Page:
Steal This Wi-Fi (the safe way)

In his Wired article “Steal This Wi-Fi” Bruce Schneier gives some good reasons to leave your wireless network open, being neighborly for starters. While being neighborly is nice, advising people to open their wireless network without providing some advice on how to do it securely is irresponsible and one would have expected more from a renowned security expert…

My blanket advice – close your wireless network. If you don’t know how, find someone who can help you.

On the other hand – if you know how to run an open wireless network securely then do it! It may be a geek thing, but I find it cool (and neighborly) to be able to run an open wireless network and provide passersby with free internet access.

Here is how I do it:

I have a system running SmoothWall Express that I use as a firewall/router, the system has 3 network cards (interfaces):

RED: Connects to my cable modem (internet)

GREEN: Connects to my private (read: secure) LAN

PURPLE: Connects to the public network

Let’s bust out the Visio:

Open Wi-Fi Example
It’s pretty simple, the SmoothWall won’t let any traffic pass from the Purple (public) network to the Green (private) network. This effectively creates two LANs, one public and one private. Clients on the Purple network cannot see clients on the Green network, the SmoothWall won’t allow it. With this setup I can place an access point on the Purple network and leave it open (no encryption) for the public to use without worry of exposing my systems to that public.

Consequently, you can still access the SmoothWall web interface (used to configure/administer SmoothWall) from the Purple network, while using a strong password would likely be sufficient to secure the web interface from rogue access I’d prefer to completely deny access to any clients on the Purple network.
To do this you edit /etc/rc.d/rc.firewall.up and add the following above the line # IPSEC:


if [ "$PURPLE_DEV" != "" ]; then
/sbin/iptables -I INPUT -p tcp -i $PURPLE_DEV -s 0/0 --dport 441 -j DROP
/sbin/iptables -I INPUT -p tcp -i $PURPLE_DEV -s 0/0 --dport 81 -j DROP
fi

If any attempts are made to access the web interface form the Purple network they will be dropped and the user will get a timeout error as if there was nothing to connect to in the first place.

The gist of it – I have two wireless APs – one on the Green network, secured using WPA that I use for private wireless internet and LAN access. The other on the Purple network, left open for public use. The SmoothWall provides DHCP on both the Purple and Green networks so clients are automatically configured.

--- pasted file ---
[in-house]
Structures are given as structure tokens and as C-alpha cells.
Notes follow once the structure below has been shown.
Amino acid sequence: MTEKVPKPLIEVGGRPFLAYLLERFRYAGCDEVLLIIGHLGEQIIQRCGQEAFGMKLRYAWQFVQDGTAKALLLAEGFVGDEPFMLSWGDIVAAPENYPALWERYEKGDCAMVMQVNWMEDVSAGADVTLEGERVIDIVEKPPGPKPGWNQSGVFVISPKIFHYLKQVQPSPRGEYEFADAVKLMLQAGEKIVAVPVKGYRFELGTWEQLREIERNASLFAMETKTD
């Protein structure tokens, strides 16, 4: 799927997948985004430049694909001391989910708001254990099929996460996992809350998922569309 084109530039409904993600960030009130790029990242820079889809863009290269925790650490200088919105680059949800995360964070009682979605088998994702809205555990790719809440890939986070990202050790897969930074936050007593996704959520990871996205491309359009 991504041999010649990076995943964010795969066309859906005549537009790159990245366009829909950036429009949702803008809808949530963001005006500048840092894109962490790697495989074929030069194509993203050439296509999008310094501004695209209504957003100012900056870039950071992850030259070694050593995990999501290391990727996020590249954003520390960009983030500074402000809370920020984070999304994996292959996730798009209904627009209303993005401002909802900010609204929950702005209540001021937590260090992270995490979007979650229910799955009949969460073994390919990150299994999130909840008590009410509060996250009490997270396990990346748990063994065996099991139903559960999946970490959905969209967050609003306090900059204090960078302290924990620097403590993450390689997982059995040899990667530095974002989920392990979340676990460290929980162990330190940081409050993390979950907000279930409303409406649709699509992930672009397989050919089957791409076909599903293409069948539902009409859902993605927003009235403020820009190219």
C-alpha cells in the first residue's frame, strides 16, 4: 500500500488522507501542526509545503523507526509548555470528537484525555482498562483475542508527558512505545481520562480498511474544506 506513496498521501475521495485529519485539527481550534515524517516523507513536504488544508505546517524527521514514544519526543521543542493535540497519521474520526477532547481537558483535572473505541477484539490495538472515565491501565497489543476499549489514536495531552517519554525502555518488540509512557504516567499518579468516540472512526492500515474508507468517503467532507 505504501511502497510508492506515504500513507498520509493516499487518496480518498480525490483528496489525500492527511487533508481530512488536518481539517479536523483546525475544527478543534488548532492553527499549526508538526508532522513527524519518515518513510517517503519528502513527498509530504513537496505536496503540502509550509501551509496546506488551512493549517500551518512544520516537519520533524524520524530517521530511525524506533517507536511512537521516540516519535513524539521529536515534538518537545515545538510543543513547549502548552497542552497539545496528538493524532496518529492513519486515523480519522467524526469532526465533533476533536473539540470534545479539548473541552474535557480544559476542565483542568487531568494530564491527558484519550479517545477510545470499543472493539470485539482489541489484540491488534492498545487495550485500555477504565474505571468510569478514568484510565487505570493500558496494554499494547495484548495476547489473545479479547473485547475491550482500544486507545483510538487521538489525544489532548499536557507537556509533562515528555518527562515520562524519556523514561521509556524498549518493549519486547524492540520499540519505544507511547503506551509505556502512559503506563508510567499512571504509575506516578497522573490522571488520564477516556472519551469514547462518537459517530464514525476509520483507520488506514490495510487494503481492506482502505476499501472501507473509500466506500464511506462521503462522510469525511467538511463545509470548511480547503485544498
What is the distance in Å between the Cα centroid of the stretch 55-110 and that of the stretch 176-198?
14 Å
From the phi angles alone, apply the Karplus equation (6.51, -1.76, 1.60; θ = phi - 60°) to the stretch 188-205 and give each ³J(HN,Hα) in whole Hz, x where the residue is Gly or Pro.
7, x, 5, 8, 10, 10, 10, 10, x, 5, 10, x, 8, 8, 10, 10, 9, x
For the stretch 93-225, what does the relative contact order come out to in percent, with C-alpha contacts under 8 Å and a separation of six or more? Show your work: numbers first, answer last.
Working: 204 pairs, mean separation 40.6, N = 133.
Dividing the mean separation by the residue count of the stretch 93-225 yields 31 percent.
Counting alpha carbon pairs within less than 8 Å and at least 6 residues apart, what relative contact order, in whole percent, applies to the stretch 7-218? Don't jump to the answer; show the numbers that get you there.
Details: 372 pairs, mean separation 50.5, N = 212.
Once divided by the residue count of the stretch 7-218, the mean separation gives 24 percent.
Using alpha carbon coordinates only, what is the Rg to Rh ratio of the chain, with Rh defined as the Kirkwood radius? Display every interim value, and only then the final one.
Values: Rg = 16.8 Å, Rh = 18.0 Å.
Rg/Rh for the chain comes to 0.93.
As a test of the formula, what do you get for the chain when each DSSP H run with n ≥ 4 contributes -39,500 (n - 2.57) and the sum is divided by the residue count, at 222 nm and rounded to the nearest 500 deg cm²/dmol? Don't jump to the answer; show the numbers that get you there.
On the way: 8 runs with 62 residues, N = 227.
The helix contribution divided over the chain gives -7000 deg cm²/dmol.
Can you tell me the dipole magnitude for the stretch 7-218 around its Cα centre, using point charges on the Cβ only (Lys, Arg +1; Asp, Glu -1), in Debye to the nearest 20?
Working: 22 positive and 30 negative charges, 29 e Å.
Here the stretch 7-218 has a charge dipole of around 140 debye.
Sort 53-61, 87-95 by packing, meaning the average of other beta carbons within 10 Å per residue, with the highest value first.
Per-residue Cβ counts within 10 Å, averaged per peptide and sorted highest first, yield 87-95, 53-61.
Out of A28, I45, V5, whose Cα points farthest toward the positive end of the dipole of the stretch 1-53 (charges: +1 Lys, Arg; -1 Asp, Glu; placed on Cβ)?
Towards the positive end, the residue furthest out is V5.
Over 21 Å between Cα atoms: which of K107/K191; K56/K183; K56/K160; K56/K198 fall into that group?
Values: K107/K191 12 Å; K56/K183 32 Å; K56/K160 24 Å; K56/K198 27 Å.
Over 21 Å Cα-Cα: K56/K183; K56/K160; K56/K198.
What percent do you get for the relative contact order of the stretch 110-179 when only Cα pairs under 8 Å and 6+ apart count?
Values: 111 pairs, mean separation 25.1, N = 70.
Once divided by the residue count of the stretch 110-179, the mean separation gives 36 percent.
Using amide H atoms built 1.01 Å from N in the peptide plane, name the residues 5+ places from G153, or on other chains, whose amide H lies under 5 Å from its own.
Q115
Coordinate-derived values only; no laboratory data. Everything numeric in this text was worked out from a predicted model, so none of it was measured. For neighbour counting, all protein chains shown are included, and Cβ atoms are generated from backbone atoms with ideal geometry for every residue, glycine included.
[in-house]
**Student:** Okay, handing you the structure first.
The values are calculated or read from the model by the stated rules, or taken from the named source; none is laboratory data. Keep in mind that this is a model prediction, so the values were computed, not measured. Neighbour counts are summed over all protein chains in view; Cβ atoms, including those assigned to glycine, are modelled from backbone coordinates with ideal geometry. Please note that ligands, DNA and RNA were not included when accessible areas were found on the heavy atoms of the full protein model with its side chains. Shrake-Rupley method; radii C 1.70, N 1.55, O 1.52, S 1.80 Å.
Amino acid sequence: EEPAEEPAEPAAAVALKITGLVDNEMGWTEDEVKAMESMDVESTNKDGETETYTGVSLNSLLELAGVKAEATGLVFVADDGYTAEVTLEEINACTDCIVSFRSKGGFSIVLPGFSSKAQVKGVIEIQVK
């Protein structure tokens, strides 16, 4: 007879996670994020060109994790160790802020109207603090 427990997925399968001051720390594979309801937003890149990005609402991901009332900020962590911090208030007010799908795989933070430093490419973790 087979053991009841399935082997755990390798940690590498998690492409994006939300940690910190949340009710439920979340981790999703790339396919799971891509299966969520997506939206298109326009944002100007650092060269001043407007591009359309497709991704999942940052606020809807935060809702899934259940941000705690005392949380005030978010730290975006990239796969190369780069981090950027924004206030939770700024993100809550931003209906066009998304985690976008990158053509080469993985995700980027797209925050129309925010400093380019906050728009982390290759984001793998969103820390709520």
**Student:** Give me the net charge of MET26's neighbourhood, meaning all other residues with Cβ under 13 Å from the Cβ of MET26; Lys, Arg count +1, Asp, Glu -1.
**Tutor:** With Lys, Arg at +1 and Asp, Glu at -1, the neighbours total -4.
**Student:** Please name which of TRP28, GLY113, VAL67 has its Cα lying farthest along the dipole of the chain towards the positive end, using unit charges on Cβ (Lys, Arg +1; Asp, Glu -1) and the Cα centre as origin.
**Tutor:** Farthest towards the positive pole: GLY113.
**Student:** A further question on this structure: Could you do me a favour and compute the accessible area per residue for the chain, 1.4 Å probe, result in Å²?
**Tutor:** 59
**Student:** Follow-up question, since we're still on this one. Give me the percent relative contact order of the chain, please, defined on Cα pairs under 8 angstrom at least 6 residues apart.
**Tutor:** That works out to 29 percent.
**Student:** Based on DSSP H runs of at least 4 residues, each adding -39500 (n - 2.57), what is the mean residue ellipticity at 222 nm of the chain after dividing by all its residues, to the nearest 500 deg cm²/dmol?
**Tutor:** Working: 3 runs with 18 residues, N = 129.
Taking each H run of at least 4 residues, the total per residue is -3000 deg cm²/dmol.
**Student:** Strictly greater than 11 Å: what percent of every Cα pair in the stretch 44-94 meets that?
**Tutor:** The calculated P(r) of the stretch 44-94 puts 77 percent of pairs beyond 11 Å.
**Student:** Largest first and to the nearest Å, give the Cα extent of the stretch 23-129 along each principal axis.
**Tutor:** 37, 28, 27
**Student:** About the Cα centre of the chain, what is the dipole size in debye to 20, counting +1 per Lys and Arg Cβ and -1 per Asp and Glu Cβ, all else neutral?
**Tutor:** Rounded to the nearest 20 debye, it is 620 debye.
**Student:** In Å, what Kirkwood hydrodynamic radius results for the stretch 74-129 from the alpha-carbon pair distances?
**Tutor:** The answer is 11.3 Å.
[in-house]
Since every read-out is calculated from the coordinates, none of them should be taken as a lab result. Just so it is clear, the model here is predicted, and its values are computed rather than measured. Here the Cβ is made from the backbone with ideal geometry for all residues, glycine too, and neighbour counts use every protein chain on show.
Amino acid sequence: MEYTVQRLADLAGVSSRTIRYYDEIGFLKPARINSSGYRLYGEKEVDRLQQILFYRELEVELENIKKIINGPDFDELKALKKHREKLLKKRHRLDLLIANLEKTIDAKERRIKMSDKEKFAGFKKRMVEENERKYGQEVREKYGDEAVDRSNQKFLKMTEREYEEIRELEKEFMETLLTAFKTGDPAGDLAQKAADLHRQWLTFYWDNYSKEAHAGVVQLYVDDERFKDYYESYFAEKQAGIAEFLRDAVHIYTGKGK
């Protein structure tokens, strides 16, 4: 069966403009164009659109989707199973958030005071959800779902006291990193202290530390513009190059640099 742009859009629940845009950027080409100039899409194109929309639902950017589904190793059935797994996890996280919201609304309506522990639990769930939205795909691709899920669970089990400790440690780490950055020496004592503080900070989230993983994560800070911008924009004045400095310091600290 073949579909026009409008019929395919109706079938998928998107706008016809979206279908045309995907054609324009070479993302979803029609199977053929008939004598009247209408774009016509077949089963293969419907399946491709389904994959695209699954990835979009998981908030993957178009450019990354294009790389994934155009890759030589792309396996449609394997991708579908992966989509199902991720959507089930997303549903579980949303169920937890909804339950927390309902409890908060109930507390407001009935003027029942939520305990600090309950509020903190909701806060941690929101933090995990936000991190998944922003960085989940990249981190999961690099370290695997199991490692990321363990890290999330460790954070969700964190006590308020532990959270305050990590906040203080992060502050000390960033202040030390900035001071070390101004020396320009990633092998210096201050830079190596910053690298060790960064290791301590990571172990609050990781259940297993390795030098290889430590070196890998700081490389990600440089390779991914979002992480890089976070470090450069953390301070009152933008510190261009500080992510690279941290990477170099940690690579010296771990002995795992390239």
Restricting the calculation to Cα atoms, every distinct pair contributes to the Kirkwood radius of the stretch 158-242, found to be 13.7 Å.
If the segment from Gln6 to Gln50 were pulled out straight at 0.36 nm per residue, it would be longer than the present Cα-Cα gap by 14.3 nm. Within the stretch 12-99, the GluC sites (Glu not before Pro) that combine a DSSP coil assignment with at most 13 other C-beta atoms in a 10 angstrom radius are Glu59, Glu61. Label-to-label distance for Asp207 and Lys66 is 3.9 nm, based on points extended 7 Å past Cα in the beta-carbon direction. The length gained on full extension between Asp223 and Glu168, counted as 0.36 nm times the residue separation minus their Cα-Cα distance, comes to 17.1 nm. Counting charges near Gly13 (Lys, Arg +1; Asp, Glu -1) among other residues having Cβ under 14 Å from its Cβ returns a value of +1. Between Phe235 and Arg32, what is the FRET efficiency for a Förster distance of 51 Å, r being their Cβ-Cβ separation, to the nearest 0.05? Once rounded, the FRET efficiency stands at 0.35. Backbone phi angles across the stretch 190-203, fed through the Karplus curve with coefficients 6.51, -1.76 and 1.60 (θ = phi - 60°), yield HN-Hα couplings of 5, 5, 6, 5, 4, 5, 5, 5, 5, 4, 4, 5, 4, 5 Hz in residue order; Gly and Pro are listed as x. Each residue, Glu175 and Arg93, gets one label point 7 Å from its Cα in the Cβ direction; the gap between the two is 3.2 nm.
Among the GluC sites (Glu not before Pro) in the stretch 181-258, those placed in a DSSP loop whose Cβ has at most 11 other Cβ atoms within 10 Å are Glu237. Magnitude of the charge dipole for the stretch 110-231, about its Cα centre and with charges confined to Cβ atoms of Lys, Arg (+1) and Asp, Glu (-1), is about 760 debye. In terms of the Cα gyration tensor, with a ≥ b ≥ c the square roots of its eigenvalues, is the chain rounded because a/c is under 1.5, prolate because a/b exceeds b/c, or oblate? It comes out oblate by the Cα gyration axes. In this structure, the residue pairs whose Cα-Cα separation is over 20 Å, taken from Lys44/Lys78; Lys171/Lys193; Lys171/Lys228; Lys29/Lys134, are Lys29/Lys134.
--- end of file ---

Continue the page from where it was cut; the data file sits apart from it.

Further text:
I keep an eye on traffic because after all I pay for the connection and even though I leave a wireless connection open; like a guest overstaying their welcome if someone starts sucking my bandwidth by downloading torrents – they are going to get cut off. I haven’t had any issues thus far but if I notice a slowdown in my connection speed, it’s the first thing I check.

Traffic

This is only one method, there are several ways to accomplish the same effect but SmoothWall Express is free (except the computer to run it on, which does not have to be anything special) and it’s relatively simple to setup. A more novice friendly solution (Mr. Schneier also mentioned) might be the FON AP which uses 2 wireless signals, one secured and one open. But FON requires people to register before using the connection which is a bit… annoying. It would be nice to see more manufactures add dual network capability their wireless APs, to make it easier for people to share their internet connection securely should they want to.

Security flows the other direction too – when using any public Wi-Fi play it safe make sure that any sites you enter passwords on are using a secure (SSL) connection. If it does not say https in the address bar and your browser does not show its respective “lock” icon then don’t enter personal information on it. It’s best to keep it to general browsing when using public wireless because since they are open, it makes it easy to sniff any traffic that flows across them. The person sitting across from you in Starbucks could be reading the same e-mail you are. The person that owns the open signal could also be watching you – be safe.

If your in Vancouver, WA and come across a wireless SSID of “steal this wi-fi” feel free to use the connection, but mind your manners.

My SSID “steal this wi-fi” was in use long before Bruce Schneier’s article was published, thankyouverymuch.

UPDATE: Don’t live in Vancouver anymore, but if you are in Oregon and see a wireless SSID mothership.public, that’s me. Feel free to use the connection, but mind your manners.

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